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LOS ANGELES, California — Artists like renowned muralist Barbara Carrasco are like prophets, said Maria Elena Chavez, the daughter of Chicano civil rights activist and American labor leader, Dolores Huerta: They're visionaries whose work often appears at the exact moment in history when they most need to be heard and seen.
Carrasco’s landmark mural “L.A. History: A Mexican Perspective,” has been having a kind of second coming, and it couldn’t feel more current with America’s debate over which symbols of the country’s history are worth maintaining and whose should be demolished.
The mural is part of an exhibit titled “Murales Rebeles!” L.A. Chicana/o Murals under Siege,” curated by LA Plaza de Cultura y Artes and the California Historical Society. Murales Rebeldes! is one of the many exhibits that form part of the Getty Museum's Pacific Standard Time: LA/LA, a wide-ranging initiative of Latin American art showing in diverse venues around L.A.
Carrasco’s 80-foot portable mural is currently on display at Union Station in downtown Los Angeles, 27 years after it was originally commissioned and then censored by the Community Redevelopment Agency (CRA) of the city of Los Angeles in 1981.
“After being censored by the CRA, Barbara stored her mural safely away awaiting a time it could brought to the public again,” said Jessica Hough, curator and Director of Exhibitions, California Historical Society.
“Artists like Barbara who made murals as part of a broader Chicano movement that aimed to reflect their own experience and also imagine an empowered future, have not had their work properly documented, collected or incorporated into the art of our city or our nation," said Hough. "This particular work has barely seen the light of day. This ambitious and stunning work of art memorializes both the devastating failures and heroic triumphs that define humanity."
Carrasco’s mural, comprised of 43 panels containing 51 scenes depicting the history of L.A., was considered controversial in its day, and the CRA asked if Carrasco would remove 14 of the scenes, saying the mural was “too busy” and focused too much on “negative images.” The mural was meant to hang on the exterior of a McDonald’s on Broadway in downtown L.A.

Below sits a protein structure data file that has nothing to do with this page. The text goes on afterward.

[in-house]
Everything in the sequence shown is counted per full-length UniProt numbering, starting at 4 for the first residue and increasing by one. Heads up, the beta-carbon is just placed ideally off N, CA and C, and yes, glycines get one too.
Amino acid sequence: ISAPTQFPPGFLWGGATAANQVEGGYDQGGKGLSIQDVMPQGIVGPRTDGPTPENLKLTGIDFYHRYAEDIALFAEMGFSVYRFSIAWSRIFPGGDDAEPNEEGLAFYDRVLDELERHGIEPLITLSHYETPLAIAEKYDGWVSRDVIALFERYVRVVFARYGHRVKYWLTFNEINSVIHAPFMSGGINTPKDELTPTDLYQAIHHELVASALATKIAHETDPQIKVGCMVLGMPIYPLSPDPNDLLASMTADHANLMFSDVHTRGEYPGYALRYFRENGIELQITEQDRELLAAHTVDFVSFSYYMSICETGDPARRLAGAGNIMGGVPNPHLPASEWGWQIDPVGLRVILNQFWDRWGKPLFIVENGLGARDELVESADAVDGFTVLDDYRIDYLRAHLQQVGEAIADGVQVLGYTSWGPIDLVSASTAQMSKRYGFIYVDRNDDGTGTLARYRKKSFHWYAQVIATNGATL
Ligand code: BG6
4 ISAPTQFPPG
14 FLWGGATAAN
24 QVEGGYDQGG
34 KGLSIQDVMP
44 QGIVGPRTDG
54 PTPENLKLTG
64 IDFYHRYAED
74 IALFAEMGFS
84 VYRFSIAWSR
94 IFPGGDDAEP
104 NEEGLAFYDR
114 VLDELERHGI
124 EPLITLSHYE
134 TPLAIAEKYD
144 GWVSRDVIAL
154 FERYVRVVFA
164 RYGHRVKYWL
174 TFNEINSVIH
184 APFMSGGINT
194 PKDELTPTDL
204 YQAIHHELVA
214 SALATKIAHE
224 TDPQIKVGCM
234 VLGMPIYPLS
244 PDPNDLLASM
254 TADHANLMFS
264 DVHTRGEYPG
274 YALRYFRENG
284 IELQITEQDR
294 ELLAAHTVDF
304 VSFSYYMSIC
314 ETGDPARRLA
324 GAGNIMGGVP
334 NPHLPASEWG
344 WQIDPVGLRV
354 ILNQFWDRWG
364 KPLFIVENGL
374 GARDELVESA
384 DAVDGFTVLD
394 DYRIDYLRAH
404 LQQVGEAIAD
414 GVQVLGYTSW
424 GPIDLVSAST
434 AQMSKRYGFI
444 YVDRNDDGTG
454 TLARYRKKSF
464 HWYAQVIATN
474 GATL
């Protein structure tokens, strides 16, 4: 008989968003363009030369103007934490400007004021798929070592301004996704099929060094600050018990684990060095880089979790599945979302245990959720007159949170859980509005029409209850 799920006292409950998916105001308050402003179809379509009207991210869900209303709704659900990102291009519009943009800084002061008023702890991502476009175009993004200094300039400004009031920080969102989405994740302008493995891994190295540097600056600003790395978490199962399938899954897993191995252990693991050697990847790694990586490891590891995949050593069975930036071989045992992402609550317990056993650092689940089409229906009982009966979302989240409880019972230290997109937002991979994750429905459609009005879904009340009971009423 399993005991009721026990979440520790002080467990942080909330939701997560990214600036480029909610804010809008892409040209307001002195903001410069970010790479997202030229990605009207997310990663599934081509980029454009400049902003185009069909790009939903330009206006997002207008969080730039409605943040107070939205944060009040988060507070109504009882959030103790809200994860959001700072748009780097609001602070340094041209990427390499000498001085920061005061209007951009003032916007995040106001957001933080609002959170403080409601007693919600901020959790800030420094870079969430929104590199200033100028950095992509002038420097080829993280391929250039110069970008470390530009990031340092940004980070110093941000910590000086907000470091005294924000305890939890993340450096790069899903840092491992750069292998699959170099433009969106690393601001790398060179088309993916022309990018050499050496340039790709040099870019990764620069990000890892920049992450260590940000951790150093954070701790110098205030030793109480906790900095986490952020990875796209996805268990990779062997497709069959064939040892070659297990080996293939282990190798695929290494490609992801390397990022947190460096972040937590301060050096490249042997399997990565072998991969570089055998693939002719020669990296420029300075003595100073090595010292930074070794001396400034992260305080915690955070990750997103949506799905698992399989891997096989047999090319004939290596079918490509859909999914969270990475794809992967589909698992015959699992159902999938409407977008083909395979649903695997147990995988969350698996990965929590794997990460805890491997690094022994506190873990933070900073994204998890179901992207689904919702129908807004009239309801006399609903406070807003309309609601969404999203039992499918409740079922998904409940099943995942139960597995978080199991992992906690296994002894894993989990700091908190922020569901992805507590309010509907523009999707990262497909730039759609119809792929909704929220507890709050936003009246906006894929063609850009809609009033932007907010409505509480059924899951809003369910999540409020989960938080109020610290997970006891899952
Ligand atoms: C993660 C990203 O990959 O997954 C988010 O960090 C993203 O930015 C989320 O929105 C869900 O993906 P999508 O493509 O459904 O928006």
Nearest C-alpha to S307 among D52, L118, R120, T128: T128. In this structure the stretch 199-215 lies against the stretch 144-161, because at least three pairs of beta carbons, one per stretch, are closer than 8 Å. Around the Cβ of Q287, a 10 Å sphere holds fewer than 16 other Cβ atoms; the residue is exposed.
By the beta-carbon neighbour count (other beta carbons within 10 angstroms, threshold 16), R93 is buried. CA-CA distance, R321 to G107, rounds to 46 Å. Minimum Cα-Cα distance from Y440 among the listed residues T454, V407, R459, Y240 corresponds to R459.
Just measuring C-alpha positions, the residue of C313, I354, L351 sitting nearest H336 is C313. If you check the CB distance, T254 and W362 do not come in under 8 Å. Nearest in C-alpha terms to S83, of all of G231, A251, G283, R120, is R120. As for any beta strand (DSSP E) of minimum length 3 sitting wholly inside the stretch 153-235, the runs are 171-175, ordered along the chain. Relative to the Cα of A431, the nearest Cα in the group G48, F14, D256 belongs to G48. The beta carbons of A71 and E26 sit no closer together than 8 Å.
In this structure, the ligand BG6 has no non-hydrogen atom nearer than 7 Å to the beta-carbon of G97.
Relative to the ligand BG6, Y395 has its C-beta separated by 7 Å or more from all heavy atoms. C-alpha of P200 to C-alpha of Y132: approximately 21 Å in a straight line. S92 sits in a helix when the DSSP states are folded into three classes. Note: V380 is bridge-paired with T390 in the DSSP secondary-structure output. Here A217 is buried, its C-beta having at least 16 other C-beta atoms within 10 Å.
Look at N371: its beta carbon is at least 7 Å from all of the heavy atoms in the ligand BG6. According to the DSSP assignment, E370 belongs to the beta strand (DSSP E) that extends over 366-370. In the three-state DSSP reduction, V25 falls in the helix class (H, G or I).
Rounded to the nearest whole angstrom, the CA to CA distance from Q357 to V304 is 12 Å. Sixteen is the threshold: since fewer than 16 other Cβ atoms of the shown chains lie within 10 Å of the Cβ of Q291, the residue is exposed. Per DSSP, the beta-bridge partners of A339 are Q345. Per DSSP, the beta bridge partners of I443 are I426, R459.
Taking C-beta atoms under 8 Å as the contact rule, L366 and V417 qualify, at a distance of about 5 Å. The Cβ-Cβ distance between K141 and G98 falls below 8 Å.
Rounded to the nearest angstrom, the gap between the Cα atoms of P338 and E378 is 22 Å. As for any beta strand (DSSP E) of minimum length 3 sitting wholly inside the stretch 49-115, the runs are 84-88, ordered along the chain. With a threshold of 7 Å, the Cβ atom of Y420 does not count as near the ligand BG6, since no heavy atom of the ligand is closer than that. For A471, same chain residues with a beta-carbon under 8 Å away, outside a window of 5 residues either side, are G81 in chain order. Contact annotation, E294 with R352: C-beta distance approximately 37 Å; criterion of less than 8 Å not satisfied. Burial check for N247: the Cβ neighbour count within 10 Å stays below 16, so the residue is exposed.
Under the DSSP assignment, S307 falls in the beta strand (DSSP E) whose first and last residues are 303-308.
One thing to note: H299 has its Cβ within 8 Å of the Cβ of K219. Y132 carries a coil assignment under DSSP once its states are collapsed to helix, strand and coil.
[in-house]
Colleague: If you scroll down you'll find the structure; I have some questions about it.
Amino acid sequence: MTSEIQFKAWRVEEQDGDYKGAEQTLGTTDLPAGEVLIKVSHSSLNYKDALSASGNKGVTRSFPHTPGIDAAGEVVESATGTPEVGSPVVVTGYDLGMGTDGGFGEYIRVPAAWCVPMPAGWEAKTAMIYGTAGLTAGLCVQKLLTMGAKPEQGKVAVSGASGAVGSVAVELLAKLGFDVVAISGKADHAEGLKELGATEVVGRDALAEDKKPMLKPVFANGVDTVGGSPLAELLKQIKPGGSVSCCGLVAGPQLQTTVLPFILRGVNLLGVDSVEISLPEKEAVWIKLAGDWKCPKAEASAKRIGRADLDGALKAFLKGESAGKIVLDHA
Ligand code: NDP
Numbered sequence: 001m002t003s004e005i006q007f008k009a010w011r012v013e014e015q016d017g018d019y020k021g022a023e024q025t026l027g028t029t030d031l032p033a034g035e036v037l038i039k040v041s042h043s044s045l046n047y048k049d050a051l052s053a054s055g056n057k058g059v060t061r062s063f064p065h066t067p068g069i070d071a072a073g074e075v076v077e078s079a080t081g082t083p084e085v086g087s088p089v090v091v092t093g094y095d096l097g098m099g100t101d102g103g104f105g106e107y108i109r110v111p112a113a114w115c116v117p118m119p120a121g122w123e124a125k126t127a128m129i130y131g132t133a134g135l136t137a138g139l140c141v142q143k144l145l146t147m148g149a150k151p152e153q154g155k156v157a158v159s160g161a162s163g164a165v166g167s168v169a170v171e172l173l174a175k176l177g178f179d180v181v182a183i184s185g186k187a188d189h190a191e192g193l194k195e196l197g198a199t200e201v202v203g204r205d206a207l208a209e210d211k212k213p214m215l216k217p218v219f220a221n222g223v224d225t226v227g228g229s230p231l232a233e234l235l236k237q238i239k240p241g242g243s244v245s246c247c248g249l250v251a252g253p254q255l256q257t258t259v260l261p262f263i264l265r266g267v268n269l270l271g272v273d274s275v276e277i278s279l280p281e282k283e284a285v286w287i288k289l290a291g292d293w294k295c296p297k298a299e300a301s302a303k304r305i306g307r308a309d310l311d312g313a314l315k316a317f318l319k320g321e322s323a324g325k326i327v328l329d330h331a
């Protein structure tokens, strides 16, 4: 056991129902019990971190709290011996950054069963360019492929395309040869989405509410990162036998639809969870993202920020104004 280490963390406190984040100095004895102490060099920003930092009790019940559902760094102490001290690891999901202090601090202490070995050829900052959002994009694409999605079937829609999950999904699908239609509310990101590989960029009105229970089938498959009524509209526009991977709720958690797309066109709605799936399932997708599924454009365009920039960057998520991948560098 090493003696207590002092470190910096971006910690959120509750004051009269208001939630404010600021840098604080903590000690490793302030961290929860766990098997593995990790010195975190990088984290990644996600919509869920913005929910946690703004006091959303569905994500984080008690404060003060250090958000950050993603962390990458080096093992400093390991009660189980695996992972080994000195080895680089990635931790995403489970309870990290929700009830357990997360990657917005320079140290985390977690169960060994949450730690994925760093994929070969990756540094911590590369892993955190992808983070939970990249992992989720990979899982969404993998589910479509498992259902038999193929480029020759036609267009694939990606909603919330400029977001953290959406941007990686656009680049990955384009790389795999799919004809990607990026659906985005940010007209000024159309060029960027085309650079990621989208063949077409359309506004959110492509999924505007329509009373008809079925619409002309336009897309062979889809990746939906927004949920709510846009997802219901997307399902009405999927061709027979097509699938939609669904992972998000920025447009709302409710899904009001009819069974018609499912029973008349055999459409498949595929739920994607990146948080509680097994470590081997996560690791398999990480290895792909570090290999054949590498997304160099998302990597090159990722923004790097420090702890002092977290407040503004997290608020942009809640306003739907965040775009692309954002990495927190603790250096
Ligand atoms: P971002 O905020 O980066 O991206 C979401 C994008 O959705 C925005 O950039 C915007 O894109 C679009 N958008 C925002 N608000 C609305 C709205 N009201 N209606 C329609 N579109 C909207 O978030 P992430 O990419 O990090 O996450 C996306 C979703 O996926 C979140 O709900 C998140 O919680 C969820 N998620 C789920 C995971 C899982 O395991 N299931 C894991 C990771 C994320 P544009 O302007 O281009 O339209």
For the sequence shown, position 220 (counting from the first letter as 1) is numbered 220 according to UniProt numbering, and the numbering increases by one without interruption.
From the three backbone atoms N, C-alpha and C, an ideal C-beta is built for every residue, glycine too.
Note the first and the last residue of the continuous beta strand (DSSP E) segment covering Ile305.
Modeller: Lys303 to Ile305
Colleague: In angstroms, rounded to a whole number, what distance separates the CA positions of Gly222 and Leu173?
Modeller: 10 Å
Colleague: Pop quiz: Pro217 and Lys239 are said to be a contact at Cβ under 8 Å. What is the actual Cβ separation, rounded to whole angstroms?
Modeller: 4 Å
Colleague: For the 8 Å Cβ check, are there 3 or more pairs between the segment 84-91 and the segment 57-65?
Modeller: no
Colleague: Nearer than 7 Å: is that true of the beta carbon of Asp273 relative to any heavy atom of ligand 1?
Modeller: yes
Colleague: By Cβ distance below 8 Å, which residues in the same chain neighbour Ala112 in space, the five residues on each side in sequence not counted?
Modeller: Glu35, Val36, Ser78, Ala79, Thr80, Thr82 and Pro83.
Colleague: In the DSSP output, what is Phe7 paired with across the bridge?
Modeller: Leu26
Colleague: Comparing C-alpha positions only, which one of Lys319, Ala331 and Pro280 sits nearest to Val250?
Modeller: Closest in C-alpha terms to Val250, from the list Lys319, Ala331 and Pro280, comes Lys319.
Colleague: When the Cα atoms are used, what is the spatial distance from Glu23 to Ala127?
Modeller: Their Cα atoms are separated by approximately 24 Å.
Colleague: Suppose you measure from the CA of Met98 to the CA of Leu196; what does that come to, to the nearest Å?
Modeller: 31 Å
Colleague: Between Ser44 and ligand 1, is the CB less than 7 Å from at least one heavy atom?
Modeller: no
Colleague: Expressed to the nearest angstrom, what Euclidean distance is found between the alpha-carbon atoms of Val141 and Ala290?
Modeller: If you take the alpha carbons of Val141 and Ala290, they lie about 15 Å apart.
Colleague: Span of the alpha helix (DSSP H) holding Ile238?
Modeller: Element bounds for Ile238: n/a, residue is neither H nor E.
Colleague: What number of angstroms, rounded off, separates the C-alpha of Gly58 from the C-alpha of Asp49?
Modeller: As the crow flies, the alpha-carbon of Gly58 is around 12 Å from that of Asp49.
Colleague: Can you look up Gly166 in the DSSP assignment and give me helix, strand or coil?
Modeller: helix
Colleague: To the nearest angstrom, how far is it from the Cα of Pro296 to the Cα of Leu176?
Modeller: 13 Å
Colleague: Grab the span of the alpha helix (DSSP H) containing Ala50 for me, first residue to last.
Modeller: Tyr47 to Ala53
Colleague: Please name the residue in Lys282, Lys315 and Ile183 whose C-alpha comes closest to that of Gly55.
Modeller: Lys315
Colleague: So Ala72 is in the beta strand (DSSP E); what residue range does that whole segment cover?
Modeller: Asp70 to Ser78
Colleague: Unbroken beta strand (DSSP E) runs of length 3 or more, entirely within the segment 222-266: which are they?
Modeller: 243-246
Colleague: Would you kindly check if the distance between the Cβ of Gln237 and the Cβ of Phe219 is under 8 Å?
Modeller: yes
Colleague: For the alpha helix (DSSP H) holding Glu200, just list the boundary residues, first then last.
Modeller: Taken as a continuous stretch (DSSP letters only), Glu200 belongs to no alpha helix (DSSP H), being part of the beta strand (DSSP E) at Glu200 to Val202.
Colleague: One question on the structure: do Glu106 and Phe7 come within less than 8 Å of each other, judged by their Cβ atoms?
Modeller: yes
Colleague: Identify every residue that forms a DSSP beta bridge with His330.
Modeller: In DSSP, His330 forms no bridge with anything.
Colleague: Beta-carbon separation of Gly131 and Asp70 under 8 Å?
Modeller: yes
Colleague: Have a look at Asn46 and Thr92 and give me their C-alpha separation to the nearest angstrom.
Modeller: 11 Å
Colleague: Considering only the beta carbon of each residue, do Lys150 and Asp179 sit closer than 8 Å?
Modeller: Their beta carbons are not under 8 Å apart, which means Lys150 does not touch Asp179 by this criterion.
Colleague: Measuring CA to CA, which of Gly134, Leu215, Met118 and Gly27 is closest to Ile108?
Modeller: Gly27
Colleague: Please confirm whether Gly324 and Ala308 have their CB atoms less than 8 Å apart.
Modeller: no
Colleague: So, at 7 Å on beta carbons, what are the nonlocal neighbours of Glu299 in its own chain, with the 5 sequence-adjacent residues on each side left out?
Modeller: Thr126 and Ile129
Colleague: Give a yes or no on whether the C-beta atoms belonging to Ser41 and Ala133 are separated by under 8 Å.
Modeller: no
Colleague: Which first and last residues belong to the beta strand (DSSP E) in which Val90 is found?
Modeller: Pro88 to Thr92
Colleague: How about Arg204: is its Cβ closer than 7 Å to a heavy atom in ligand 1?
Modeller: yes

Carrasco refused to paint over her piece, and the mural project was canceled. For ten years Carrasco’s mural was kept in storage at Cesar Chavez’s compound, which Carrasco says was thankfully free to her after her many years working with the Chavez’s group.
In 1990, the mural was displayed for several weeks at Union Station. The mural’s latest recent installation at Union Station is a sort of “un-censoring.”
With a focus on the experiences of marginalized groups in and around Los Angeles, the mural’s vignettes are woven into the hair of a Latina woman — Carrasco’s sister Frances was the muse. From left to right, the timeline begins with indigenous peoples from the founding of the city in 1781, and ends with scenes of the whitewashing of muralist David Alfaro Siqueiros’ work “America Tropical,” the internment of Japanese Americans during WWII, the Zoot Suit Riots and the image of former African American slave-turned-entrepreneur and philanthropist Biddy Mason.
“The only unique thing about this mural is that I waged a public fight for the right to keep my copyright and to keep the integrity of the mural intact,” Carrasco said.
“People asked me why I didn’t just agree to take out some of the images, but as artists and muralists we’re representing the community, and this is a historical mural," said Carrasco. "Everything in this mural is historically accurate,” she adds.
Carrasco, 62, is a Chicana artist and activist who lives and works in L.A. Her work critiques cultural stereotypes involving socioeconomics, race, gender and sexuality.
Carrasco's works have achieved national prominence. Her original mural sketches and drawings are included in the Permanent Collection of Works on paper at the Library of Congress, in Washington D.C., and documentation of her mural work is archived in the California Murals Collection at the Smithsonian Institution.
A permanent collection of her papers has been established and archived at Stanford University and her oral history is archived at the Archives of American Art at the Smithsonian. The Girl Scouts of America created a merit patch based on Carrasco’s image of Dolores Huerta.
There’s currently a strong push within the arts community in Los Angeles to find a permanent home for Carrasco’s mural.
“In our current political moment when we’re seeing so many arguments about whose memories should be preserved and stories should be told, a mural like this takes on increased importance,” said Erin M. Curtis, Senior Curator, LA Plaza de Cultura y Artes. “This mural has survived attempts to erase the histories of people of color of Los Angeles and it’s still here today as a testament to those stories and the fact that they matter.”
Carrasco feels it’s a unique time in American history, with daily attacks from the White House on the media and history. But her mural and others like it tell the stories of the many people who don’t have a voice, she said.
“We become their voice. Censorship is something we all have to fight against. We’re Americans and we have every right to express ourselves,” said Carrasco.